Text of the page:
The tech industry is nothing if not obsessed with big spending. Multibillion dollar purchases of startup companies and peripheral technologies have abounded over the last few years, making headlines with their stories of eccentric CEOs and explosive industries, all in the skeptical tone of a non-geek reporter silently questioning how any company selling text messages or a TV screen for your face could possibly be worth that much money.
The recent investments in “moonshot” ventures such as SpaceX by Google and the so- called “Hyperloop” superspeed rail system by Elon Musk have attracted similar news interest, along with all the expected arguments over feasibility, value and the mental stability of these enthusiastic leaders of industry.
“Invest” is a funny word in this case because nobody’s really sure whether these purchases will ever make a profit, much less a return. Is buying into asteroid mining or a railway powered by compressed air a purchase or a charity? Or both?
When debating whether the multibillion value of a company like Oculus or WhatsApp is inflated or not, you can at least point out these companies do, in fact, make money and have the potential to make a lot more very soon.
But the Hyperloop doesn’t make money, adhered as it is to a pile of engineering concept papers and crumpled calculations. It may not make
money this year, or this decade. So when the major players start dumping millions of dollars, it’s easy to question where the motivation comes from. For companies that rely on trust, loyalty and enthusiasm to make their quarterly profits, “moonshot” projects form a kind of advertising, drawing in the geeks as they flock to the press and excitement that builds around space travel and exotic transportation. And for a company like Tesla, which sells more cars off of enthusiasm for the concept of electric vehicles than their everyday practicality, this kind of excitement is critical. A few million in the hole for a public infrastructure project that may never pan out is a drop in the bucket for a large car company, but the benefits of a generation growing up trusting the “geek cred” of a brand and a corresponding enthusiasm for their products are endless.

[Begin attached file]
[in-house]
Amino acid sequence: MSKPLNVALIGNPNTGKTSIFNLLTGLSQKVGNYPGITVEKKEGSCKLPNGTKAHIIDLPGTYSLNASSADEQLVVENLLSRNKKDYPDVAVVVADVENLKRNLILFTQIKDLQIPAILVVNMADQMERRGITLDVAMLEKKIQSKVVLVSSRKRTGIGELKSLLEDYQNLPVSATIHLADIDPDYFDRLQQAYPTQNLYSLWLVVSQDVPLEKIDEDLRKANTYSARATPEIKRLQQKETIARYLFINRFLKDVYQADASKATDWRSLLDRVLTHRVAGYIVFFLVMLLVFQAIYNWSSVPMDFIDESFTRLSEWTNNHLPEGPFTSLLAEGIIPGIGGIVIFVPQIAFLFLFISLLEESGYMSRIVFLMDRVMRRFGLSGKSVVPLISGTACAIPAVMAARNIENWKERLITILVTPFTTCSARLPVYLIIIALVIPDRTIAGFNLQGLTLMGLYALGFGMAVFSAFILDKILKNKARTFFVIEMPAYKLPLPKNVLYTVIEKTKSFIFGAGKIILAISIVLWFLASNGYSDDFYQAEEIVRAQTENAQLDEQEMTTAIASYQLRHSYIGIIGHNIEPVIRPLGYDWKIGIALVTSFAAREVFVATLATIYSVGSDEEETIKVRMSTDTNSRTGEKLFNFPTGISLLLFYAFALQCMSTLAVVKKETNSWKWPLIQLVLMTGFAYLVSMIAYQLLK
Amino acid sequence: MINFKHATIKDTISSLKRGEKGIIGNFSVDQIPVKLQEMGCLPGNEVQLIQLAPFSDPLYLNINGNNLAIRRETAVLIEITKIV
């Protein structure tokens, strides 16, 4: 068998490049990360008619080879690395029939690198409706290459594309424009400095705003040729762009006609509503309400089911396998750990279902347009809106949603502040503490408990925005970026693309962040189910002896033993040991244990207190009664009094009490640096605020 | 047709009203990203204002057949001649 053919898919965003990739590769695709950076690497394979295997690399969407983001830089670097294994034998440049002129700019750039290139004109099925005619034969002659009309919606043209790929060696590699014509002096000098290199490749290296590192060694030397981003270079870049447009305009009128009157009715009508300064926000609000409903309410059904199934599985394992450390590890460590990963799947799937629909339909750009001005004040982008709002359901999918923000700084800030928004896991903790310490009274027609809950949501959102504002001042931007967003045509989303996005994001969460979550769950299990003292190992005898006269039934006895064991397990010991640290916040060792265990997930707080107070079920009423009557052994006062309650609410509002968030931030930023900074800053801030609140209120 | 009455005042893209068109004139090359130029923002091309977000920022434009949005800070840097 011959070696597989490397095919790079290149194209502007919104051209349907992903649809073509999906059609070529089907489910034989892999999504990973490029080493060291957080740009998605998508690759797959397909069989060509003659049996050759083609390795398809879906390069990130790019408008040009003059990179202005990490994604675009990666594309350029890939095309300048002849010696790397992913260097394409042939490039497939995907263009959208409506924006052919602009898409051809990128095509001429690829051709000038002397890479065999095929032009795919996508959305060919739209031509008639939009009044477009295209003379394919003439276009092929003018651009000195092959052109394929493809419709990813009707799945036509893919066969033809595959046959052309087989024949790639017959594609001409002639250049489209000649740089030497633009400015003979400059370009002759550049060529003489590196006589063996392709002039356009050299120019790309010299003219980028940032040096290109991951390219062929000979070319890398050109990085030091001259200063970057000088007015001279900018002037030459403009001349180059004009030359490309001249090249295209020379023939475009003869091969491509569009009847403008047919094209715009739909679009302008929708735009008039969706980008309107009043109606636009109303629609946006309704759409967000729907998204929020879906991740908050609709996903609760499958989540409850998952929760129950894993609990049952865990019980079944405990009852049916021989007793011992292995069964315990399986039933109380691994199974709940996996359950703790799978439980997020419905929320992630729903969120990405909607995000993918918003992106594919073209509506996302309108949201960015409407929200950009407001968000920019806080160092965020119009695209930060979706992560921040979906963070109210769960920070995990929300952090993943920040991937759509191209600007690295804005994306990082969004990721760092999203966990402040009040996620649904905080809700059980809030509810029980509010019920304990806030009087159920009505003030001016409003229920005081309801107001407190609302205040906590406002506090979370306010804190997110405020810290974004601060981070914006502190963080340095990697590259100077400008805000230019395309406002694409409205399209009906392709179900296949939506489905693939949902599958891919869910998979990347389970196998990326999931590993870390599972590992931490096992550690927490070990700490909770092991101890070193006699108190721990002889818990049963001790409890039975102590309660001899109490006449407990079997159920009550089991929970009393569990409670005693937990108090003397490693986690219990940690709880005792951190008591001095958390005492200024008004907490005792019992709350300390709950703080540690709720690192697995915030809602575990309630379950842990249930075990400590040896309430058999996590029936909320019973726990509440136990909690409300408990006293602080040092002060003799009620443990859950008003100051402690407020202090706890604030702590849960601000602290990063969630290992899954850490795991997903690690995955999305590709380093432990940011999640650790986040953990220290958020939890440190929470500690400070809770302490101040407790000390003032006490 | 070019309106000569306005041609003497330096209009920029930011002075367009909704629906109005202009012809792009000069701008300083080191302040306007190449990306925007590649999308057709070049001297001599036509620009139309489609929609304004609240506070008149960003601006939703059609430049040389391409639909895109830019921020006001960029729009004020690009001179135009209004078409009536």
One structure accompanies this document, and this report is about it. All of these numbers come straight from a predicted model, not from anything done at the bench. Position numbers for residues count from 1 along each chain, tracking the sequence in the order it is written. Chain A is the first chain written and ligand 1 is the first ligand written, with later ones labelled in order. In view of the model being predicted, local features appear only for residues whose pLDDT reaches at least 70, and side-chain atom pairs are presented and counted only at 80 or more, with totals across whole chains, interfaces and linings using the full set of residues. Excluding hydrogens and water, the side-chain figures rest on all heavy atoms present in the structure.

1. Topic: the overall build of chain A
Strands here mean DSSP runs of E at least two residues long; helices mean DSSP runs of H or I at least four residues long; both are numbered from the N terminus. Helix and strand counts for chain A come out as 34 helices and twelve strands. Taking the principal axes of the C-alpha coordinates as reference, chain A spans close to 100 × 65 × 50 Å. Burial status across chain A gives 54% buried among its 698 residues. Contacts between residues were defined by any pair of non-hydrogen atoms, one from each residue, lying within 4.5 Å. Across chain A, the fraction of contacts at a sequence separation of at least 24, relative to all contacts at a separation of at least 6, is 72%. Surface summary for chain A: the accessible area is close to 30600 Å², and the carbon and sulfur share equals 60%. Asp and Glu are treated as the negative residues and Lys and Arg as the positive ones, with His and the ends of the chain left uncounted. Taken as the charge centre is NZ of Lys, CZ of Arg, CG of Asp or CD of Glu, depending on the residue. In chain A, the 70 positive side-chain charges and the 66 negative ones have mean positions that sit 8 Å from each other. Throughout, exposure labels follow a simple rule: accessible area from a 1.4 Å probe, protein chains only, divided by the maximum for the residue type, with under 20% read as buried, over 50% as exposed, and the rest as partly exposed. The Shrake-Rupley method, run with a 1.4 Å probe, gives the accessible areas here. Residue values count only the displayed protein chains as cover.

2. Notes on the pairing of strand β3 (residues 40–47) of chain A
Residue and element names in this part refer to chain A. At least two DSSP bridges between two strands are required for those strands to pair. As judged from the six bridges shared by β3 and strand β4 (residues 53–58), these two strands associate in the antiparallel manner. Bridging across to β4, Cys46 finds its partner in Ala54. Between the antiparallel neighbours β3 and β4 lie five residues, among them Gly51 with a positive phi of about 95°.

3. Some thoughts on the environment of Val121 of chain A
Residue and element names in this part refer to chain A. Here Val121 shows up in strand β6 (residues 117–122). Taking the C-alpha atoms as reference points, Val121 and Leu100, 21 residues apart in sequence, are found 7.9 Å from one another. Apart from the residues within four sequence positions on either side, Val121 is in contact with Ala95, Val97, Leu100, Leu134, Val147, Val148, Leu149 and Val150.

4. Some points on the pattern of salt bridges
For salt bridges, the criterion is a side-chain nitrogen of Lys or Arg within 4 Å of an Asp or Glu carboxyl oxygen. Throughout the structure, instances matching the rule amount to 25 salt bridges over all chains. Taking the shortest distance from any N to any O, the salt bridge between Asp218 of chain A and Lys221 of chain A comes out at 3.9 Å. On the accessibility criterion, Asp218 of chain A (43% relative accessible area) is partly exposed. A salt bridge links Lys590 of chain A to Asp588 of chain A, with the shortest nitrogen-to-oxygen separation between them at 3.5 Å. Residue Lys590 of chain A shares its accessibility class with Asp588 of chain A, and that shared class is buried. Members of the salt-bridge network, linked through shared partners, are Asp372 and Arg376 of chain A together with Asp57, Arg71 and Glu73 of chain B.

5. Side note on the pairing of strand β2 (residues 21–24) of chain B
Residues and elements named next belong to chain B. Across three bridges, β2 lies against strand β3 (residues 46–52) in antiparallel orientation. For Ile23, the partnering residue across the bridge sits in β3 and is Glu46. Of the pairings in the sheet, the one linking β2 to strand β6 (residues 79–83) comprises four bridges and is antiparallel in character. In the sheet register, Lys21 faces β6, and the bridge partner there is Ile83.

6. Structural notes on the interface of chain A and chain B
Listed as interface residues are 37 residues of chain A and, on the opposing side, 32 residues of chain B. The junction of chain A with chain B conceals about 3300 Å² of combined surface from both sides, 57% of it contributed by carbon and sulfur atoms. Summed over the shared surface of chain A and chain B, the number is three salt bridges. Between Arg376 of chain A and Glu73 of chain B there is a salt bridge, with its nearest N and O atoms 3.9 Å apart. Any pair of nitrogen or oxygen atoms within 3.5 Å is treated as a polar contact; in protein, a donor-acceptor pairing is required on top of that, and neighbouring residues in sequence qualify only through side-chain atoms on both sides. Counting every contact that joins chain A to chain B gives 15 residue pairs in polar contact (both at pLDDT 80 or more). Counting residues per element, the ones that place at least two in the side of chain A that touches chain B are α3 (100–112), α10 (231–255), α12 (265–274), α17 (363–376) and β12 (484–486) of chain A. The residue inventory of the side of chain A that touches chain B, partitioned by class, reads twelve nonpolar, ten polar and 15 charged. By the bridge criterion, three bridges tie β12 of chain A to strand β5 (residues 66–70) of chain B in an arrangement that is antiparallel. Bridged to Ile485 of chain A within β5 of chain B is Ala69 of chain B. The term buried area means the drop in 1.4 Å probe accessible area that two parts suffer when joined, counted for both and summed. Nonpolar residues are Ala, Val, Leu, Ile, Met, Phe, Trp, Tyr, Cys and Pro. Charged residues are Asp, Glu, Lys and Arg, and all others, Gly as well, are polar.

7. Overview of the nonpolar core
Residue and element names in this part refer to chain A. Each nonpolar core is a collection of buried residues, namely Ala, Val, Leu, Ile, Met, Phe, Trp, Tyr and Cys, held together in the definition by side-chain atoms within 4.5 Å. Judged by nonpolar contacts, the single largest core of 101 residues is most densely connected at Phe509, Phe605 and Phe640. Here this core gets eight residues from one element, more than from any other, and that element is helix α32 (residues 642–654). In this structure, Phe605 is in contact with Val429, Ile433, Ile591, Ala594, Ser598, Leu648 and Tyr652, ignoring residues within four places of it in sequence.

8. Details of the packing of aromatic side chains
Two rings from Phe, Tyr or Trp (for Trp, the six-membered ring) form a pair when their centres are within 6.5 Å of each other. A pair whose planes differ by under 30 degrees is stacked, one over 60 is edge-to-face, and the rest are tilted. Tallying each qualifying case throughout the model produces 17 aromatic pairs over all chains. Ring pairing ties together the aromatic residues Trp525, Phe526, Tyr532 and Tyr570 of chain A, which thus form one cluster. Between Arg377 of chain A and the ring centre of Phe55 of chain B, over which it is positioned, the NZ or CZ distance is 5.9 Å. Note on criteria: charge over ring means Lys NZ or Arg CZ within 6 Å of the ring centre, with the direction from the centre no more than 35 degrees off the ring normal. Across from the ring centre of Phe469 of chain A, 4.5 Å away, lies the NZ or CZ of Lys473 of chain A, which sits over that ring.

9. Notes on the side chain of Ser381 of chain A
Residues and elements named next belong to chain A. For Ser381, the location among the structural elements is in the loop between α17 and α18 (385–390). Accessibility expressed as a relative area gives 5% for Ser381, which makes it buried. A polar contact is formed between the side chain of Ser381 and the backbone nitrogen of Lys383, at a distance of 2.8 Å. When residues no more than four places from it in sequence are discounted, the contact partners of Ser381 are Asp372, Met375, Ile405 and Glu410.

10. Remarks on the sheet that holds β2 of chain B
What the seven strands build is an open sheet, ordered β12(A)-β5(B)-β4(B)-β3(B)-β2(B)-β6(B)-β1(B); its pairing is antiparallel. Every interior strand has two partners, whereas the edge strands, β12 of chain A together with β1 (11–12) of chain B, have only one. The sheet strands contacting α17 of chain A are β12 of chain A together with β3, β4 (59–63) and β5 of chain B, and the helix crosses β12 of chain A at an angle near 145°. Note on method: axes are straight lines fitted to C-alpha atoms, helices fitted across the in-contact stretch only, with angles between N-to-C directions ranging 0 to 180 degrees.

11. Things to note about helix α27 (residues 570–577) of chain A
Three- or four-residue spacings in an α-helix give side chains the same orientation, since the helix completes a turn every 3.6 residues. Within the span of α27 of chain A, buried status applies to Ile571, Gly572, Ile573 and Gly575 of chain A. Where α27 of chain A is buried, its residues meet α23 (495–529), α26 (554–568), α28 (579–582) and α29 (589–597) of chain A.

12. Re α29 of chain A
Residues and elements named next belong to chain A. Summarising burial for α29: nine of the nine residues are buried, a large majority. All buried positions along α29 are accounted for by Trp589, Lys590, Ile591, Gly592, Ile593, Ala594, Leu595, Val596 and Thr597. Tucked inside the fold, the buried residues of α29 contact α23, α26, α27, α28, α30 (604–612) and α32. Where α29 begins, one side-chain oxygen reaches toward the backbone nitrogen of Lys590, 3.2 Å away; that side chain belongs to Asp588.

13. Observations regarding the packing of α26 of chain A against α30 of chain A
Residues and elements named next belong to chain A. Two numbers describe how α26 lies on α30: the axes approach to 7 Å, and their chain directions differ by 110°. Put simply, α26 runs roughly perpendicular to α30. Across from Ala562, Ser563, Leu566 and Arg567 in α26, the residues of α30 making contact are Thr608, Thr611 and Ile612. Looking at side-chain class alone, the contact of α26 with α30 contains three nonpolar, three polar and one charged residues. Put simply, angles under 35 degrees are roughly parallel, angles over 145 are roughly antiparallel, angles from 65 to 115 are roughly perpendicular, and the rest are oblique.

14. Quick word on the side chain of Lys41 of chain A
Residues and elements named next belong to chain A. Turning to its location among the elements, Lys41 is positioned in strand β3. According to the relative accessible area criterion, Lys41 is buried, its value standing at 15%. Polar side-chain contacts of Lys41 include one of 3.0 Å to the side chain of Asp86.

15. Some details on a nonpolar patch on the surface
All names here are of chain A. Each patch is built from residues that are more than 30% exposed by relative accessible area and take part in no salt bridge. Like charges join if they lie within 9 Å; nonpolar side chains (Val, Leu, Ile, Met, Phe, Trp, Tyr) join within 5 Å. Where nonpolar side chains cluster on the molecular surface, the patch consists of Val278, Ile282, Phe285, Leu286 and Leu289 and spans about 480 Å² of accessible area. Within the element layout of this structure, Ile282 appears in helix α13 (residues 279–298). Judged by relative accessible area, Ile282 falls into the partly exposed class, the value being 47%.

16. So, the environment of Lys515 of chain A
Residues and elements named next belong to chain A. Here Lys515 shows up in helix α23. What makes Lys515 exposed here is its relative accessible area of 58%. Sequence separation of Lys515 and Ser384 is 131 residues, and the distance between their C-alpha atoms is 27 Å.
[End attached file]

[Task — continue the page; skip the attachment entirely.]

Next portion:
It’s an enthusiasm that’s lead to Tesla’s current 24 billion dollar market capitalization, a numbero optimistic about the company’s future even Musk himself admits it’s a “bit unrealistic”.
But for many moonshots, the real question is whether they can “fail” at all.
Google Glass–which has recently retired its beta program and seems destined to move into obscurity–never had a tremendous amount of industry potential, but
it certainly got a lot of press. And for a company like Google, which relies entirely on the trust of its users to infiltrate and monetize their entire online lives, press is everything.
Glass may not have become a best-selling product, but it was a best-selling concept, and it reinforced Google’s all-important image as a reassuring and unthreatening crowd of engineers excited about the future. It’s an image competitors like Facebook and Microsoft perpetually labeled as massive and intrusive shadow bureaucracies have never been able to emulate, while Google happily mines your personal data for advertising without consequence.
All this being said, having a tech world that revolves around huge, expensive pet projects could be a lot worse. Concepts so wild that baffle even experienced researchers in the field can seem obnoxious for all the attention they get from a sensationalized press, but some moonshots may come to have a successful future despite humble beginnings.
SpaceX is rapidly proving that private spaceflight may be a commercially viable venue for facilitating satellites and research, and the Google self-driving car may have more of a future in automated transport than anyone could have imagined from its origins almost a decade ago.
Moonshot investments may not be as playful or risky as they are purported to be, but the results still take us one step closer to a brighter future.
Copeland is a member of
the class of 2015.